State v. Alexis, 89 Wash. 492, 154 Pac. 810; 155 Pac. 1041


 492    STATE v. ALEXIS.
                Dissenting Opinion Per HOLCOMB, J.      89 Wash.

          [No. 13084. Department Two. February 4, 1916.]
                          Appellant. 1

Congress, in making provisions by an Indian treaty for fishing
rights of the Indians of a territory, could not do so at the
expense of the police power of the future state, notwithstanding
that the Indians were more or less dependent upon the fish for
subsistence (HOLCOMB, J., dissenting).

Appeal from a judgment of the superior court for
Whatcom county, Hardin, J., entered August 17, 1915, upon a
trial and conviction of violating the laws relating to the
taking of fish. Affirmed.

Craven & Green, for appellant.

The Attorney General and W. P. Brown and L. L.
Thompson, for respondent.

PER CURIAM. - This case is identical in all respects with
State v. Towessnute, just decided, except that it involves the
rights of another tribe of Indians, the Lummi, and a different
treaty, the Muckl-teeoh, proclaimed in 1859. The language
involved in that treaty is the same as in State v. Towessnute,
ante p. 478, 154 Pac. 805, and the same justification is
attempted. The lower court in this case held with the state and,
under our opinion in the other, did so correctly. This cause
having been argued as one controversy with the Towessnute
case, it will not be necessary to enlarge upon our opinion
already rendered.

Judgment affirmed.

HOLCOMB, J. (dissenting) - For the reasons stated in my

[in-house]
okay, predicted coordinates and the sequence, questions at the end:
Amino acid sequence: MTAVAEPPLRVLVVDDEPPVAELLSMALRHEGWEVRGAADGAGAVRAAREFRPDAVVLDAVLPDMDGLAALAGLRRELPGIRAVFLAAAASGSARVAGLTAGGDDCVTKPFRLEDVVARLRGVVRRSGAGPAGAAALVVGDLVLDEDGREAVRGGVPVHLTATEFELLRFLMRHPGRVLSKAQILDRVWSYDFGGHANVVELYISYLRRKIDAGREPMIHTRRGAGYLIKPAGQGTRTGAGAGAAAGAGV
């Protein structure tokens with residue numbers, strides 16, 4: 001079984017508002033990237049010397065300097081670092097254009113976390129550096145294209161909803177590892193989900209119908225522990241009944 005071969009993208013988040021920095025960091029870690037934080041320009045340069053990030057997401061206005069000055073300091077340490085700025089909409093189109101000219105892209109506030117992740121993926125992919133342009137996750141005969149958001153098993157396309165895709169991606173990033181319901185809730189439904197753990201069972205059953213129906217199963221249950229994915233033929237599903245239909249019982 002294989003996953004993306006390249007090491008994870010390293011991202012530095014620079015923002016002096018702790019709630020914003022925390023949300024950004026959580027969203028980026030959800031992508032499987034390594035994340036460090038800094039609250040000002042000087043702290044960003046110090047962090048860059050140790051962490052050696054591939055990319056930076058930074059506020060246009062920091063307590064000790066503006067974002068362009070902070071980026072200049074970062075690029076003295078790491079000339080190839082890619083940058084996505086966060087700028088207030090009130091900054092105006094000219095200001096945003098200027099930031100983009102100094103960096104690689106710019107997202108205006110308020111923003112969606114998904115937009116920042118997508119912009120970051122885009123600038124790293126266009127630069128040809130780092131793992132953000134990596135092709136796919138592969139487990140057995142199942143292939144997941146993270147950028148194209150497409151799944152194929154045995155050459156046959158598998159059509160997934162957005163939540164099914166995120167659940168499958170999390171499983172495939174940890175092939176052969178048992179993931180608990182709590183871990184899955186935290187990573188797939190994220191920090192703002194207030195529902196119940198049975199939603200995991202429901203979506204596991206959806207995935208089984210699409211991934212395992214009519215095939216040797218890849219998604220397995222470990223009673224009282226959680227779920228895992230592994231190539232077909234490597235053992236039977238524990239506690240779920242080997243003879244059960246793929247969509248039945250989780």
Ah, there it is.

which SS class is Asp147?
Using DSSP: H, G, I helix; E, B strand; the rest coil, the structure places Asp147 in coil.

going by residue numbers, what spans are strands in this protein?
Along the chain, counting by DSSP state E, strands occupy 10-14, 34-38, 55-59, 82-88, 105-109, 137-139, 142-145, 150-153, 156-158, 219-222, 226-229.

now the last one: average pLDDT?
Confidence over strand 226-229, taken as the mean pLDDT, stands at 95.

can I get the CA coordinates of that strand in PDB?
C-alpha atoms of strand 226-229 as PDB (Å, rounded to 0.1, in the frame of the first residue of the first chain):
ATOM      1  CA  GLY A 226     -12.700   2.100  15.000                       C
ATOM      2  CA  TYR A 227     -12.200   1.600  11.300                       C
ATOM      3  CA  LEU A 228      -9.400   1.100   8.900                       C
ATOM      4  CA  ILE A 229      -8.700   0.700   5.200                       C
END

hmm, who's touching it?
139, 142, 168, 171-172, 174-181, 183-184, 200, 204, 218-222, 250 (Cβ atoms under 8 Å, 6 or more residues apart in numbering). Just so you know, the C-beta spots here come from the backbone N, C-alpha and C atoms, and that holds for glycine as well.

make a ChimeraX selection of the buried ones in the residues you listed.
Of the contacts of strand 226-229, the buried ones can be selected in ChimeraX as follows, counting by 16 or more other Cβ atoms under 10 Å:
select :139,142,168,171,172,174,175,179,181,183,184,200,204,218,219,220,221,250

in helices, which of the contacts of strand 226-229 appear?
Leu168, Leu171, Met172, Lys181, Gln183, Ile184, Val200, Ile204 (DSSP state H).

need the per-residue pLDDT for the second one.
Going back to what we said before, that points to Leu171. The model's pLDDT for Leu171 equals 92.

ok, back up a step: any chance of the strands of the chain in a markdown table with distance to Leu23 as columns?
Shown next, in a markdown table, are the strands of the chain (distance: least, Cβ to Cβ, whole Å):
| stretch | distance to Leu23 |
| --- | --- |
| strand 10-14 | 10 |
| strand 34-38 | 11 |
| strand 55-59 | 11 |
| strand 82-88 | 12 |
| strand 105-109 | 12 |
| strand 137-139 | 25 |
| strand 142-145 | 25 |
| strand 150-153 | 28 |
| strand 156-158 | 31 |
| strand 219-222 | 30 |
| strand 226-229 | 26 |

dissent to the decision in State v. Towessnute, ante p. 478,
154 Pac. 805, I dissent.

1 Reported in 154 Pac. 810; 155 Pac. 1041.

                         STATE v. ALEXIS.                493
 Feb. 1916               Opinion Per Curiam.

                    ON PETITION FOR REHEARING.
                     [Decided March 17, 1916.]

PER CURIAM. - In a petition for rehearing, counsel for the
appellant Indian complain that we have not discussed certain
testimony which showed contemporaneous interpretation of
this treaty and assurances by the territorial governor,
Stevens. From this and other testimony, it is contended that the
Lummis, as distinguished from the Yakimas in State v.
Towessnute, ante p. 478, 154 Pac. 805, depended upon the
fish outside of the reservation, more or less, for subsistence.
It would appear, also, that they gained a livelihood by
trafficking in the catch. These things, which we are told
should relieve the Lummis froth the Towessnute decision,
do, on the contrary, emphasize against the Lummis the
reasoning of that case. Under the Federal decisions, as we
understand them, Congress, in making provision for Indians,
could not do it at the expense of the police power of the
future state. This Lummi case strikingly shows to what
ravages the salmon industry of Washington is exposed by
these Indian treaties, as they are sought to be interpreted.
Nor does it make any difference that the fish caught by the
Lummis were seeking foreign waters to spawn in, for it is
the policy of this state to protect these fish at certain times
in their migration to the fountains of British Columbia,
where they are not left without protection, but are permitted
to recreate themselves and replenish our waters.